Fallen leaves get a bad rap, but they’re really so helpful to a garden’s ecosystem. It’s good to leave some leaves where they fall because they break down and provide good nutrients for the soil.
BOSTON (PRWEB) November 02, 2021
Food Gardening Network, publisher of Food Gardening Magazine, has released their November 2021 issue, featuring their list of five November gardening tasks to clean up your garden at the end of the season so it’s ready for spring.
In the article and accompanying video for November Gardening Tasks and Chores, Senior Editor Amanda MacArthur shares her list of November gardening chores to help keep her garden healthy. There is one thing on the list that gardeners will love.
MacArthur writes that “fallen leaves get a bad rap, but they’re really so helpful to a garden’s ecosystem. It’s good to leave some leaves where they fall because they break down and provide good nutrients for the soil.
The five gardening tasks and chores cover:
1. Leaves – Leaves make great mulch and compost. Best of all, they’re free!
2. Weeds and pests – November is a good time to deadhead weed flowers and pull up anything invasive. It’s also a good time to keep those pests in check by squashing insect larvae (like viburnum leaf beetles) lingering in leaves and dead plant material.
3. Fertilize, water, and till – Give your perennial fruits and veggies one last drink/feed before the first big freeze. If your soil is compacted or needs to be supplemented, November is a great month to layer some compost onto the soil and turn it over.
4. Pruning – If you have deciduous fruit trees or shrubs, then now is the time to cut those babies back a bit.
5. Clean your tools– This includes putting away your tomato cages and trellises, bringing the lawnmower in for annual maintenance (or at least draining the gas out or adding stabilizer to the tank), and organizing your tool shed/garage.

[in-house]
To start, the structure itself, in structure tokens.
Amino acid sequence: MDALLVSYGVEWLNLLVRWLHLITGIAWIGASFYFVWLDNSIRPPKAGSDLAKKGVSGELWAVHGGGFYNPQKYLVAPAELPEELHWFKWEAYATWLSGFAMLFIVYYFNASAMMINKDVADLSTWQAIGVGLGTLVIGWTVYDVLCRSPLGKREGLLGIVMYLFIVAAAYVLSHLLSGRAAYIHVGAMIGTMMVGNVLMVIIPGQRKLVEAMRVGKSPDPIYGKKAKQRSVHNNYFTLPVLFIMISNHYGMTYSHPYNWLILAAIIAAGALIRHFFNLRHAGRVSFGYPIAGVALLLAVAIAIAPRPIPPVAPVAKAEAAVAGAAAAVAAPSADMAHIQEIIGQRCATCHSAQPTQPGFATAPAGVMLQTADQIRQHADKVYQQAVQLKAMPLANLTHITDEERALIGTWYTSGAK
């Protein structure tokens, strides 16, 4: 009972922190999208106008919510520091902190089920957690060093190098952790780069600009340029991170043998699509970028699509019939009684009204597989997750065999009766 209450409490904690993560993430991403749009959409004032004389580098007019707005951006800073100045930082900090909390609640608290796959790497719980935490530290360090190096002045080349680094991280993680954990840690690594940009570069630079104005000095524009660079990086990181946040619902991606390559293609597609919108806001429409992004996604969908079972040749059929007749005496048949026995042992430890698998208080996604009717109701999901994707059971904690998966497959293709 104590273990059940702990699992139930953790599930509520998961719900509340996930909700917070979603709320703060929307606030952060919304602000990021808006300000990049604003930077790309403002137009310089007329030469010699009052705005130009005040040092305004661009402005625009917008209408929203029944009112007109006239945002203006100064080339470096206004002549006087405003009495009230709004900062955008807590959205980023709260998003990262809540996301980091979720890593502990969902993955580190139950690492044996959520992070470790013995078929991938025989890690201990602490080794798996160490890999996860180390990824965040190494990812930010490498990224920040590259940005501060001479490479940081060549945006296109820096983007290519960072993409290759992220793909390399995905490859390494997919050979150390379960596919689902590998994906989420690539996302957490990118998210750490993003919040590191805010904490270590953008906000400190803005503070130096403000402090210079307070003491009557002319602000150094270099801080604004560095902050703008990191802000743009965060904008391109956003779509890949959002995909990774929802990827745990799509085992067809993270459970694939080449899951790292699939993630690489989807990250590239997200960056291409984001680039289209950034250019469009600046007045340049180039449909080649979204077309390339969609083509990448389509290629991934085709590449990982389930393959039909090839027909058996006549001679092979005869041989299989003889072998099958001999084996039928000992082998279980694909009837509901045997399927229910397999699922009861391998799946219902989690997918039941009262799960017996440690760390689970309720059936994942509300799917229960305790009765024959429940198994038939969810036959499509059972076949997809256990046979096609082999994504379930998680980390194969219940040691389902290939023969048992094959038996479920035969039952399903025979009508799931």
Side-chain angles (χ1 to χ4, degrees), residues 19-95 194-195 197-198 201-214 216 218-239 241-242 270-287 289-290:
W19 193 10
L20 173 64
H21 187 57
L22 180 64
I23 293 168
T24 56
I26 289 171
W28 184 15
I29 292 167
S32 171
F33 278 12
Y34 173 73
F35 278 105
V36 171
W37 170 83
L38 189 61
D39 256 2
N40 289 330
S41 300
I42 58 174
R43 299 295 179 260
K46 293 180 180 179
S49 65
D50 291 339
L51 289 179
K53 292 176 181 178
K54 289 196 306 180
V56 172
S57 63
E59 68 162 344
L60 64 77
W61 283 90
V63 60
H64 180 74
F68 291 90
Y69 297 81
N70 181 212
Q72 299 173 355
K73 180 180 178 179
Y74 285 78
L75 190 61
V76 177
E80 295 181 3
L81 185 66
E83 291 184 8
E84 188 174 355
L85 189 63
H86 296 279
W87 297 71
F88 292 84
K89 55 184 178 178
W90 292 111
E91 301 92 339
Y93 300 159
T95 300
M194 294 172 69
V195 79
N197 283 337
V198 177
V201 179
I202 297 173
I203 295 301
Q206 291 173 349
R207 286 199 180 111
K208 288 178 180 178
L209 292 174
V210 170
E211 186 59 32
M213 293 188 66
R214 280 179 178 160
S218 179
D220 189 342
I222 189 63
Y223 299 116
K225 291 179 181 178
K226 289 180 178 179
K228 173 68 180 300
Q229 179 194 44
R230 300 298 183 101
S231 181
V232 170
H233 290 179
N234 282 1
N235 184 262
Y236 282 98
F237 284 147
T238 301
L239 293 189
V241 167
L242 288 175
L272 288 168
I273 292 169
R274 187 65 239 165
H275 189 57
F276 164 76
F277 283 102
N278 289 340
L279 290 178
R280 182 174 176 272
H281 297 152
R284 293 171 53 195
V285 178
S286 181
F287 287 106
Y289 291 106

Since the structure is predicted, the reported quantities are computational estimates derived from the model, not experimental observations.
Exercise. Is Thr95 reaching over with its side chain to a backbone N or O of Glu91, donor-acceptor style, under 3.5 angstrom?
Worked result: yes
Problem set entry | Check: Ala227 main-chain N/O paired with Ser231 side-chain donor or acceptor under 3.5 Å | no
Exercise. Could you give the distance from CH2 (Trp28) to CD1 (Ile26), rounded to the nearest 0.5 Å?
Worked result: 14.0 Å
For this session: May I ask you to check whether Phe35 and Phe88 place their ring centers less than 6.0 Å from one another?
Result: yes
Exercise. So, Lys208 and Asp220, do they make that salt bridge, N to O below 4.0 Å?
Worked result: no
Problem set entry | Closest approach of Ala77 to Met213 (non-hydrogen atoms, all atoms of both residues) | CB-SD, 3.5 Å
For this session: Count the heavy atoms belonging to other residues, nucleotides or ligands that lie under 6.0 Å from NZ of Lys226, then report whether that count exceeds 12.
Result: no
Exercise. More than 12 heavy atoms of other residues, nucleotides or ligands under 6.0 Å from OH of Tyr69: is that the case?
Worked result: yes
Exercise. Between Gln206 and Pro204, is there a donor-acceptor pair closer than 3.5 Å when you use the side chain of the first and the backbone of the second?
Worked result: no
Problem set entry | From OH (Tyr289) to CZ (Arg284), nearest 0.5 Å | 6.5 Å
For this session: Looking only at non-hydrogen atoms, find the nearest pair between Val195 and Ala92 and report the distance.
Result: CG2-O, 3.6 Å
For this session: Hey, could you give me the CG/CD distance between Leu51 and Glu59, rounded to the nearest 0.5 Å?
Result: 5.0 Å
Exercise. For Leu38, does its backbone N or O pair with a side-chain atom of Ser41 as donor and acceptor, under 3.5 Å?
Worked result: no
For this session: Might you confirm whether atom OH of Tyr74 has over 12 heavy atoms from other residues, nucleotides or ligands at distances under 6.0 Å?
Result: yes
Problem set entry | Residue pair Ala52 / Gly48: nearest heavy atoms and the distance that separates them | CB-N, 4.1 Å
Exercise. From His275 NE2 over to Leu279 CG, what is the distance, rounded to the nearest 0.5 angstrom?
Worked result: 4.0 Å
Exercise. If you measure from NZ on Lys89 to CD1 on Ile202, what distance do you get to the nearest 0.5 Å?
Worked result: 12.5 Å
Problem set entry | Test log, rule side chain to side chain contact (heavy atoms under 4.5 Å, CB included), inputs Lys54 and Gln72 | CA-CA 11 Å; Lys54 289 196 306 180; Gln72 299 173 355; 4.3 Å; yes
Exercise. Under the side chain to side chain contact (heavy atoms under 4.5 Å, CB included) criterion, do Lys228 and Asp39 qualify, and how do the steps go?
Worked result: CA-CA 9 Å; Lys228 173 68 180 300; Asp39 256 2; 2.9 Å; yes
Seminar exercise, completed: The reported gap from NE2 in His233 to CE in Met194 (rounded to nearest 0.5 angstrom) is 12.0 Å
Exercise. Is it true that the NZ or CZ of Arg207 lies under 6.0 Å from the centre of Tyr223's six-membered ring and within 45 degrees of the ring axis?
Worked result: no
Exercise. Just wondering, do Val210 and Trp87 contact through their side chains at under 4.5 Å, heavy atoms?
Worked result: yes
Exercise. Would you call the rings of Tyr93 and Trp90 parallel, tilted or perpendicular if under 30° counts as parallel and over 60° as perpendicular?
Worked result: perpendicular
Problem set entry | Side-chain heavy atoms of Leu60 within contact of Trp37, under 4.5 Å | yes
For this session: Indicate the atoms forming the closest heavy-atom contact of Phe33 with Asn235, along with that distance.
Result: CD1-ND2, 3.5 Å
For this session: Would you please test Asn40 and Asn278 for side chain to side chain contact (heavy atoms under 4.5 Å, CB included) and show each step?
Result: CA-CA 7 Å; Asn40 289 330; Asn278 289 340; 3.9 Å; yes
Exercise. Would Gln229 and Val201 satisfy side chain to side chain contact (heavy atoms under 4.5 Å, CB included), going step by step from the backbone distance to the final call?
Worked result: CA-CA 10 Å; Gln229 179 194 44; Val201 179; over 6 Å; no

The November issue of Food Gardening Magazine also includes articles, videos, and recipes like Maple-Roasted Beets and Butternut Squash with Caramelized Onions, Sage and Cranberries. Roasted beets and butternut squash are a perfect balance of sweet and savory. Add in a little maple syrup and they caramelize ever so gently. This side dish is also simple to make, which means you can spend more time at the table with your family.
November is also an exciting time for garlic lovers. In How to Start Growing Garlic This Fall, Executive Director Kim Mateus shares steps for planting garlic now so you can enjoy your own garden-fresh garlic in the spring, and she looks ahead to next season with Beet Companion Plants: What to Grow with Beets.
The November issue of Food Gardening Magazine offers readers four feature articles, four how-to videos (including a fun tutorial on three different ways you can dry herbs), and three Collection Close-Ups spotlighting Sage, Peas, and Beets. These collections offer comprehensive, in-depth information about a single fruit, herb, or vegetable, from starting seeds to dealing with pests and diseases and from nutrition facts to delicious recipes.
About Food Gardening Network: Food Gardening Network was founded by home food gardeners and for home food gardeners—the mission is to serve gardeners with tips, tools, advice, and recipes for growing and enjoying good food at home. During the Covid-19 pandemic that began in 2020, it became apparent that home food gardening would grow beyond a hobby for many home gardeners. Food Gardening Network launched in January of 2021 as an all-encompassing resource for gardeners of all skill levels, with in-depth articles on planning, planting, maintaining, and harvesting home garden crops. Food Gardening Network also includes easy-to-prepare recipes so home gardeners can enjoy the fruits of their labors in delicious, creative ways.
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